Monday, October 26, 2015
I’m seeing a type of storage container recently that goes by varying names: caddy, toolbox and more. But no matter what you call these items, they are flexible, portable storage options that can be used for many purposes. And they look nice, too!
The one above is the Toolbox from Vitra, designed by Arik Levy. You can buy it from Vitra or from Design Within Reach; there are five color options.
The MUJI organizing caddy is stackable — there are two of them in that photo — and the compartments are removable. I don’t know if you can pick these up by the handle while they are stacked, though. [via Better Living Through Design]
The Toto Storage Box from Umbra, designed by Sung Wook Park, has a metal shelf that slides out. The shelf comes in three different colors.
Thursday, August 13, 2015
I’m always on the lookout for nice wall calendars for those who prefer paper calendars to digital ones. When Erika Hall pointed me to the Chicks in Hats Etsy store today, I knew I had to share the Chicks in Hats calendar. Shop owner Julie explains: “Chicks in Hats is a project started in 2011 by my 8 year old daughter and myself. She places the hats on the chicks and I take the photos; this is as fun as you can imagine.”
I’ve been a fan of Yasmine Surovec's Cat vs Human drawings for quite a while now, so I’m delighted to see she has a 2016 calendar.
I’m also quite taken with the bird paintings in the 2016 calendar from The Mincing Mockingbird.
Thursday, August 6, 2015
I’ve discovered some lovely felt storage pieces recently, and I wanted to share them with you. Sne design has a bunch of them; this basket is the one that first caught my eye. [via My Scandinavian Design]
Skandinavious by Louise Vilmar has some very eye-catching felt organizer bins.
Greybax makes felt boxes, with and without lids, in a variety of sizes.
Mokee also has felt boxes in three different sizes.
Finally, Stich-haltig makes felt boxes that fit into Ikea shelving pieces (and some others, too). The ones shown above fit the Expedit and Kallax.
Soft Storage: Felt Baskets or Boxes
Fabulous Felt Boxes and Baskets
Organizing with Felt: Pails, Boxes and Baskets
Fun with Felt: Baskets, Bowls and Bins
Friday, July 31, 2015
“To do” by Nikki Buitendijk, found on Flickr, licensed under Creative Commons
What’s the best to-do list app? Lots of people have opinions about that.
- In September 2014, Casey Newton of The Verge said, “Wunderlist is the best to-do list app for the average person.”
- Robert McGinley Myers of The Sweet Setup says that the best simple to-do list app for the Mac, iPad and iPhone is Clear; the site also recommends Wunderlist for shared lists and Omnifocus for those who want a GTD suite of apps.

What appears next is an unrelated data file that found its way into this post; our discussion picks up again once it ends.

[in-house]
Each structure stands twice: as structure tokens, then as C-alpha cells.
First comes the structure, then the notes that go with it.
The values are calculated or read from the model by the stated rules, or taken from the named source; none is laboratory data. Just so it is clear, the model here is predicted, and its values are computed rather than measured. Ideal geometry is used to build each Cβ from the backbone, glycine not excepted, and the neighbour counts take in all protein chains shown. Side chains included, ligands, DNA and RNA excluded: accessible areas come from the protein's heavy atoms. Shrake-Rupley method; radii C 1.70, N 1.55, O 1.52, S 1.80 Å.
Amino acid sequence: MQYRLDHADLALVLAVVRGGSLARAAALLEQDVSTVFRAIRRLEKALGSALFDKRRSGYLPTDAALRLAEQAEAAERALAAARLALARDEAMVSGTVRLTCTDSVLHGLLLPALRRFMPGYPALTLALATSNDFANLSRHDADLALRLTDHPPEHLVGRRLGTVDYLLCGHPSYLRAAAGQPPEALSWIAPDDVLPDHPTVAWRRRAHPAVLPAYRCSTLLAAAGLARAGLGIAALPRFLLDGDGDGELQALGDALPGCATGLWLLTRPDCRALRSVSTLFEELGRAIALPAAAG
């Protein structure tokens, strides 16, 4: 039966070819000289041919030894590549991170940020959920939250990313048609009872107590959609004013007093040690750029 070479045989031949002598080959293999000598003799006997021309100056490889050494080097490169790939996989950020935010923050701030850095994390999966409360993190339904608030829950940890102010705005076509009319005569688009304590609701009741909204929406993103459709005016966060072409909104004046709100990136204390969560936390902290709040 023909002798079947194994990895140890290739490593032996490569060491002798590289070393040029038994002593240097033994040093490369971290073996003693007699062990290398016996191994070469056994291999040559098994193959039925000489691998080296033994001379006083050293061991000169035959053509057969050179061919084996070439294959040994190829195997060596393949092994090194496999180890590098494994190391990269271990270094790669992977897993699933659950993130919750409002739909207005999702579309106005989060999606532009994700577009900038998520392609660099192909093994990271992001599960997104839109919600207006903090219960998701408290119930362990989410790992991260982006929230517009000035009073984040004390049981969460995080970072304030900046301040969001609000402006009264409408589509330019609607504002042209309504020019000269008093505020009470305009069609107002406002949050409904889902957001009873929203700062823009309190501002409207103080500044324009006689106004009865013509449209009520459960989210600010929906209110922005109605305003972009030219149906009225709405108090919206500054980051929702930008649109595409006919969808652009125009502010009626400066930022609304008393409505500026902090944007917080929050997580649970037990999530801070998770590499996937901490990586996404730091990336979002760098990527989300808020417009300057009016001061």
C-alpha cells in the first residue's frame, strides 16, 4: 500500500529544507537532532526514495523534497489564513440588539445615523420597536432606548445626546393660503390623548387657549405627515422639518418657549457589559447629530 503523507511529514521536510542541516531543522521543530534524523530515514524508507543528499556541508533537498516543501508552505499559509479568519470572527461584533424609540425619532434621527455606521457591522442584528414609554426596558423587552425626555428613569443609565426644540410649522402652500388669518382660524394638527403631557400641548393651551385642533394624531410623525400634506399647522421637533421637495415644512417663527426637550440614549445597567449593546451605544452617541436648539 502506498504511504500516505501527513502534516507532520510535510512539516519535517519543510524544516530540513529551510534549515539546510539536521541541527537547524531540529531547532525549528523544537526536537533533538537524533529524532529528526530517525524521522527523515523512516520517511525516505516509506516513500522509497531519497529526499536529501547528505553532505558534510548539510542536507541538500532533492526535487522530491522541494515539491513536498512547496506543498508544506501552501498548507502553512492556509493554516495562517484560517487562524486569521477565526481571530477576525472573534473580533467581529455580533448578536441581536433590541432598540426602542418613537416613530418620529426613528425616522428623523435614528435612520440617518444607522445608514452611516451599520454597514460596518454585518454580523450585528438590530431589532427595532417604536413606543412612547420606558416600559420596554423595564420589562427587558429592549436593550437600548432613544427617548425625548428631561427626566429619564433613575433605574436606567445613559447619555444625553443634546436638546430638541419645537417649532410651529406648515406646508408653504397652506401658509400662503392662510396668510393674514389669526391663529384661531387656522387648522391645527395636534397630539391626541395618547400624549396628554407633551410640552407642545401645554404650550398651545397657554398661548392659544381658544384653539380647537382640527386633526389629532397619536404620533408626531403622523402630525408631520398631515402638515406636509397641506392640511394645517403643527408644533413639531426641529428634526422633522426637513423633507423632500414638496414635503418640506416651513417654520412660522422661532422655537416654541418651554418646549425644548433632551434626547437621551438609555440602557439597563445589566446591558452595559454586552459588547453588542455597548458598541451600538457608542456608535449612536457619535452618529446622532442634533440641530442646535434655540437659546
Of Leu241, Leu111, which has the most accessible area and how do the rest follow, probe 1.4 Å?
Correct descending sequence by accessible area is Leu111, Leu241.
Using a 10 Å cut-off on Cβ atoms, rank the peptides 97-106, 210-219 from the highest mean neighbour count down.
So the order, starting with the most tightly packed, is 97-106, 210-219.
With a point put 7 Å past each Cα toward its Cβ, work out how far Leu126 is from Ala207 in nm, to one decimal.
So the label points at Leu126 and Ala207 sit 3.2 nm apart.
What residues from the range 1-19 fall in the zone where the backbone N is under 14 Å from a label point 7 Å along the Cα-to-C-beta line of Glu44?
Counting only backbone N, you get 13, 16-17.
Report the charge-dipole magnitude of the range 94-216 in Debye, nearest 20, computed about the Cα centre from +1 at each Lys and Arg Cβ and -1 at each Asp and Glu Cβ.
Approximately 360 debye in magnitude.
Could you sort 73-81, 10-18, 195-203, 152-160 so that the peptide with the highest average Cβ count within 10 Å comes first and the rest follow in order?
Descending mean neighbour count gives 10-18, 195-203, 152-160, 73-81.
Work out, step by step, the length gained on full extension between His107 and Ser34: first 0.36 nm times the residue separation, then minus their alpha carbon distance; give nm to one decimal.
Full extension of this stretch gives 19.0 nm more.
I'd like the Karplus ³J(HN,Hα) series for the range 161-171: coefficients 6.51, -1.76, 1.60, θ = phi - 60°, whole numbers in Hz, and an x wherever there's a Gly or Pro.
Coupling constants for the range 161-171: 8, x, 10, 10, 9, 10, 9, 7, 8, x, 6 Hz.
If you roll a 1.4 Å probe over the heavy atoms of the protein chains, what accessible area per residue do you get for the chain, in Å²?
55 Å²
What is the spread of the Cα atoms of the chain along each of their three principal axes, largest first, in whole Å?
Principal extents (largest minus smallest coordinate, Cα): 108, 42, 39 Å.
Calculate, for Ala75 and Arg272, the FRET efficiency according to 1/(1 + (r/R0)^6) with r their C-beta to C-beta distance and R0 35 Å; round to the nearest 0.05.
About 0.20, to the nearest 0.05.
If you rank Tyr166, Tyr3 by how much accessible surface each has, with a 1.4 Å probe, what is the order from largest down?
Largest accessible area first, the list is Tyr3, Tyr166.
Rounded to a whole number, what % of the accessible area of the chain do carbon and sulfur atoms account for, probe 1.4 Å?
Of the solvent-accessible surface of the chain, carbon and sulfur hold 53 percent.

- In March 2014, Lifehacker asked its readers for the best to-do list manager; the top five nominees were Google Keep, Any.do, Wunderlist, Todoist and HabitRPG.
But I was just listening to a podcast (Cortex, episode 7) where CGP Grey perfectly captured my feelings on the subject. He said:
If you look on the App Store, there are a bazillion different to-do apps. And you have to find a to-do app that just fits with your mind very well. ... People think about their to-dos in very different ways, where one app is good for someone and it’s just a terrible fit for somebody else.And this idea applies to more than just to-do apps. Grey also spoke about various email apps. Regarding Gmail, he said, “It does not work with the way I think about email, for whatever reason.” And what about the popular apps that work in combination with Gmail?
Thursday, July 9, 2015
Canvas buckets can hold all sorts of stuff and look really nice while doing so. They come in many sizes and patterns; these lovely ones from Dagmar’s Designs are 6.5 inches tall. You can also get ones with birds, bicycles, butterflies and more.
Unison has canvas bins in a few different patterns; they’re 7 inches tall.
These canvas baskets from Lemonni come in two sizes: 9 inches by 10 inches, and 13 inches by 14 inches.
This bucket — one of many from Maika — is also available in two sizes. The small is 4 inches tall while the large is 9 inches tall. It’s made from recycled cotton canvas.
And finally, here’s one of the bucket baskets from Good Company. It’s 12 inches tall, as are most of the others — but there’s one that’s 16 inches tall. All of them have nice leather handles.
Monday, July 6, 2015
Bookends are often a practical necessity to keep books upright. They can also be fun and decorative — especially if you have the bookshelf space to show them off. And bookends come in a wide array of materials and designs.
ThinkGeek’s Build On Bricks Bookends allow you to add your own bricks: LEGO, K'NEX and more. At first glance I wondered how supportive they were, but then I learned that there are metal pieces that slide under the books, so that should help.
These granite bookends from Field, designed by Daniel Emma, aren’t cheap — but they should certainly be effective, and they are lovely. They come in a black version, too. [via Better Living Through Design]